Abacavir induces loading of novel self-peptides into HLA-B*57: 01 an autoimmune model for HLA-associated drug hypersensitivity


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Abstract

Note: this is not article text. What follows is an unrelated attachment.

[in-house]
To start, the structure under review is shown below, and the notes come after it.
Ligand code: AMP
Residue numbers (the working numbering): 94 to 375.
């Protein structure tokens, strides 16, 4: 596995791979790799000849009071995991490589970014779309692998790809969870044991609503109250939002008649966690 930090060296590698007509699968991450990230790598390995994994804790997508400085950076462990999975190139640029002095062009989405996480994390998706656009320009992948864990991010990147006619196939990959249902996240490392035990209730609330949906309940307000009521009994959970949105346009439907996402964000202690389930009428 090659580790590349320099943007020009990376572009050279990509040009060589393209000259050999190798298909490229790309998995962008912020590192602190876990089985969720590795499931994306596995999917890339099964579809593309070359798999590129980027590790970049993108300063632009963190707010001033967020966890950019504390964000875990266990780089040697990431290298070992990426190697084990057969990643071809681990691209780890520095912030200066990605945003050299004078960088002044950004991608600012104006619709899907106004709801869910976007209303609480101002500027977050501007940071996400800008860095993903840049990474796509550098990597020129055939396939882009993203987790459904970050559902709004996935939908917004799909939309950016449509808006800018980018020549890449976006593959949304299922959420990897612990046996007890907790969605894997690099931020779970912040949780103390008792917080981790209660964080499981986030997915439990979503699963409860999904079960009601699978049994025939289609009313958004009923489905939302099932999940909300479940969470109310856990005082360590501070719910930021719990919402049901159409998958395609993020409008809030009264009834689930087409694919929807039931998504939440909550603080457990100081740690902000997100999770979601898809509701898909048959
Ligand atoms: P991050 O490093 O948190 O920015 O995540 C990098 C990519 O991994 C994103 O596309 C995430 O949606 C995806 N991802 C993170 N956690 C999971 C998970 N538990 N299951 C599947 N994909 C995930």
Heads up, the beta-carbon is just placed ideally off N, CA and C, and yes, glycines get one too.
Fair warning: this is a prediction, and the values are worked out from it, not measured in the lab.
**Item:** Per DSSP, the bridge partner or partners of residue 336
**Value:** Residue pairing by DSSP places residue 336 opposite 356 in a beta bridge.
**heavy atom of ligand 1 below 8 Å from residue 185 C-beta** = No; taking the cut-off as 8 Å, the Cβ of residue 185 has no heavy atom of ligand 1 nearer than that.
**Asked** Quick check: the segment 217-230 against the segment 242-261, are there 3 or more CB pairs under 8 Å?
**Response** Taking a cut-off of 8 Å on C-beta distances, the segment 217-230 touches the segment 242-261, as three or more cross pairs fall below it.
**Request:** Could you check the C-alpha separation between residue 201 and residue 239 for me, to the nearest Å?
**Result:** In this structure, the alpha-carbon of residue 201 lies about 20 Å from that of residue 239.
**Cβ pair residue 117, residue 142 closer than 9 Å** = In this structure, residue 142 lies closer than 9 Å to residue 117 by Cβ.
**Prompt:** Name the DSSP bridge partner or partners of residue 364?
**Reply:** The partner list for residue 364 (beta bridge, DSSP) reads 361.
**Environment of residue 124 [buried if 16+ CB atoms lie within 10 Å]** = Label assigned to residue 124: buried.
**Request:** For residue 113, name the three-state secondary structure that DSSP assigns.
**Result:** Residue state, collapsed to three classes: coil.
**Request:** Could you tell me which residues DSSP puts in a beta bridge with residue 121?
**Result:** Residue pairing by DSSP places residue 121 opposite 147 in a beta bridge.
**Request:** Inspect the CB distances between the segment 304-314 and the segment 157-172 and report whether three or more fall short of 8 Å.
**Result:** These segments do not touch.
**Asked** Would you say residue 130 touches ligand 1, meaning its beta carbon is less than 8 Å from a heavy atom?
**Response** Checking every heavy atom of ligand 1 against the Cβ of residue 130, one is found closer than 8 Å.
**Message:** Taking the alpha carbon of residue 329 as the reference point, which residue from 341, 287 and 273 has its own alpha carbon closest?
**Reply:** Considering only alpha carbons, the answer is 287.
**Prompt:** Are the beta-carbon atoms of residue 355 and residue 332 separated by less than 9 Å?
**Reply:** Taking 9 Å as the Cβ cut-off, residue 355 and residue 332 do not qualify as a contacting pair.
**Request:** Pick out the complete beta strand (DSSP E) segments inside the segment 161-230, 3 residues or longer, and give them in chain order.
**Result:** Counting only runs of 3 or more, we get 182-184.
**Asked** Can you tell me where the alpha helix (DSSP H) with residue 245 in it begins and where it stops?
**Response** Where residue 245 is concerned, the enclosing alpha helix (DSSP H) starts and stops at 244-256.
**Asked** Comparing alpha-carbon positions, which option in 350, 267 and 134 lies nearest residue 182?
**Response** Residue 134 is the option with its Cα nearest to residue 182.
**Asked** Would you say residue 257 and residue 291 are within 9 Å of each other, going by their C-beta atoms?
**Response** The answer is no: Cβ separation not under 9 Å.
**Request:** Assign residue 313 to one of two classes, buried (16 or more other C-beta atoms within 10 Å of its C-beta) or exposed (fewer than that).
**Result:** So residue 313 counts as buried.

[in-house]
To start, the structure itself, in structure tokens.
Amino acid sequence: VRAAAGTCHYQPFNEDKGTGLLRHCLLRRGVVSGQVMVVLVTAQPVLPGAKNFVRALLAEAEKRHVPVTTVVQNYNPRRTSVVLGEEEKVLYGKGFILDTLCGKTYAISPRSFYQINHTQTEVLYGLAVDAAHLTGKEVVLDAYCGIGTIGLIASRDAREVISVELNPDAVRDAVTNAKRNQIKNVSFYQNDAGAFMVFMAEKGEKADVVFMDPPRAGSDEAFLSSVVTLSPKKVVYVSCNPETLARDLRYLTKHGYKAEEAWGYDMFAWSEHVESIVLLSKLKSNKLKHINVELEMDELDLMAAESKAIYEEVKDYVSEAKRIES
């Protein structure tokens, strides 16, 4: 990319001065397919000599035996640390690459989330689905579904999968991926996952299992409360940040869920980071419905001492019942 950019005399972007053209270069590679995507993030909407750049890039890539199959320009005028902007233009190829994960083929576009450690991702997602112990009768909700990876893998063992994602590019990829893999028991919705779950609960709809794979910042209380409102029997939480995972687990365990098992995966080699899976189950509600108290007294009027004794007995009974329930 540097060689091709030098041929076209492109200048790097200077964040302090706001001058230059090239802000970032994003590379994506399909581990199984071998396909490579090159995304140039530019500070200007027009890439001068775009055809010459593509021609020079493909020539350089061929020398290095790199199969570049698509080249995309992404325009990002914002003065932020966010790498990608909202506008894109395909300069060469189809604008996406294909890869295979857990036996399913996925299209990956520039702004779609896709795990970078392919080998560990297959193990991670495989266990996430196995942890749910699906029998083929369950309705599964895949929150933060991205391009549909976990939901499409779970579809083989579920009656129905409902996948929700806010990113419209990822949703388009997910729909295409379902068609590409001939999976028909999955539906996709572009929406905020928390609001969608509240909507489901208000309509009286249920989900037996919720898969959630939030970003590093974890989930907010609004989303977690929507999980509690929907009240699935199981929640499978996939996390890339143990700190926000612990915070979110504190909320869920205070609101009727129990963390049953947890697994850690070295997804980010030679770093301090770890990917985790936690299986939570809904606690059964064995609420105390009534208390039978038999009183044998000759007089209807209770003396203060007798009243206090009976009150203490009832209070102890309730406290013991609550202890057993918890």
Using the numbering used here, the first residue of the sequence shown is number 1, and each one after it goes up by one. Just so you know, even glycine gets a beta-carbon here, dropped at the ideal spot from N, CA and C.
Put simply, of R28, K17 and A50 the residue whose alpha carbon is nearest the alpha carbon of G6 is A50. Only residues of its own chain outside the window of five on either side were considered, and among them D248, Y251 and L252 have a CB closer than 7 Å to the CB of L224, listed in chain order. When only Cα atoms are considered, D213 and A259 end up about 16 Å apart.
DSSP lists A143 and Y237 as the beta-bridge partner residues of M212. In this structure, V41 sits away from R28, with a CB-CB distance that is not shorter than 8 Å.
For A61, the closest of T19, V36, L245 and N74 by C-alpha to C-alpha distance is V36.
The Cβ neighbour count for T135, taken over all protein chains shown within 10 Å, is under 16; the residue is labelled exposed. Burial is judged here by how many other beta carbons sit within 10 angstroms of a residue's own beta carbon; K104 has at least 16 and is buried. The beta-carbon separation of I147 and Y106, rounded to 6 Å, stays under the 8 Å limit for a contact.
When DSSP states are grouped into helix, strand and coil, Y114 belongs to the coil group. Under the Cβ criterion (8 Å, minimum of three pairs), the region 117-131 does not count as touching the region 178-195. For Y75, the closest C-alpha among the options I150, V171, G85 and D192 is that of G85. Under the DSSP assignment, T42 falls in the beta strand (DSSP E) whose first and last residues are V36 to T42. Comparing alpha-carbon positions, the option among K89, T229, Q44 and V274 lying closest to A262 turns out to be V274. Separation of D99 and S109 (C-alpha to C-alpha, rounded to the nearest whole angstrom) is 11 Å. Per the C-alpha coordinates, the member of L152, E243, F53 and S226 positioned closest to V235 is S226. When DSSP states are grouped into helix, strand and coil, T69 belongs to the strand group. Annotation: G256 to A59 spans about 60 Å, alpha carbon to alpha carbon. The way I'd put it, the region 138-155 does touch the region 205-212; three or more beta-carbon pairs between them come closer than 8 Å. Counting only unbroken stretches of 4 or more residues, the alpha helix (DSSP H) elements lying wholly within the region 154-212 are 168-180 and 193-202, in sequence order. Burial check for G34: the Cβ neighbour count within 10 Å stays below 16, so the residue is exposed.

Background:Abacavir drug hypersensitivity in HIV-treated patients is associated with HLA-B*57:01 expression. To understand the immunochemistry of abacavir drug reactions, we investigated the effects of abacavir on HLA-B*57:01 epitope-binding in vitro and the quality and quantity of self-peptides presented by HLA-B*57:01 from abacavir-treated cells.Design and methods:An HLA-B*57:01-specific epitope-binding assay was developed to test for effects of abacavir, didanosine or flucloxacillin on self-peptide binding. To examine whether abacavir alters the peptide repertoire in HLA-B*57:01, a B-cell line secreting soluble human leucocyte antigen (sHLA) was cultured in the presence or absence of abacavir, peptides were eluted from purified human leucocyte antigen (HLA), and the peptide epitopes comparatively mapped by mass spectroscopy to identify drug-unique peptides.Results:Abacavir, but not didansosine or flucloxacillin, enhanced binding of the FITC-labeled self-peptide LF9 to HLA-B*57:01 in a dose-dependent manner. Endogenous peptides isolated from abacavir-treated HLA-B*57:01 B cells showed amino acid sequence differences compared with peptides from untreated cells. Novel drug-induced peptides lacked typical carboxyl (C) terminal amino acids characteristic of the HLA-B*57:01 peptide motif and instead contained predominantly isoleucine or leucine residues. Drug-induced peptides bind to soluble HLA-B*57:01 with high affinity that was not altered by abacavir addition.Conclusion:Our results support a model of drug-induced autoimmunity in which abacavir alters the quantity and quality of self-peptide loading into HLA-B*57:01. Drug-induced loading of novel self-peptides into HLA, possibly by abacavir either altering the binding cleft or modifying the peptide-loading complex, generates an array of neo-antigen peptides that drive polyclonal T-cell autoimmune responses and multiorgan systemic toxicity.

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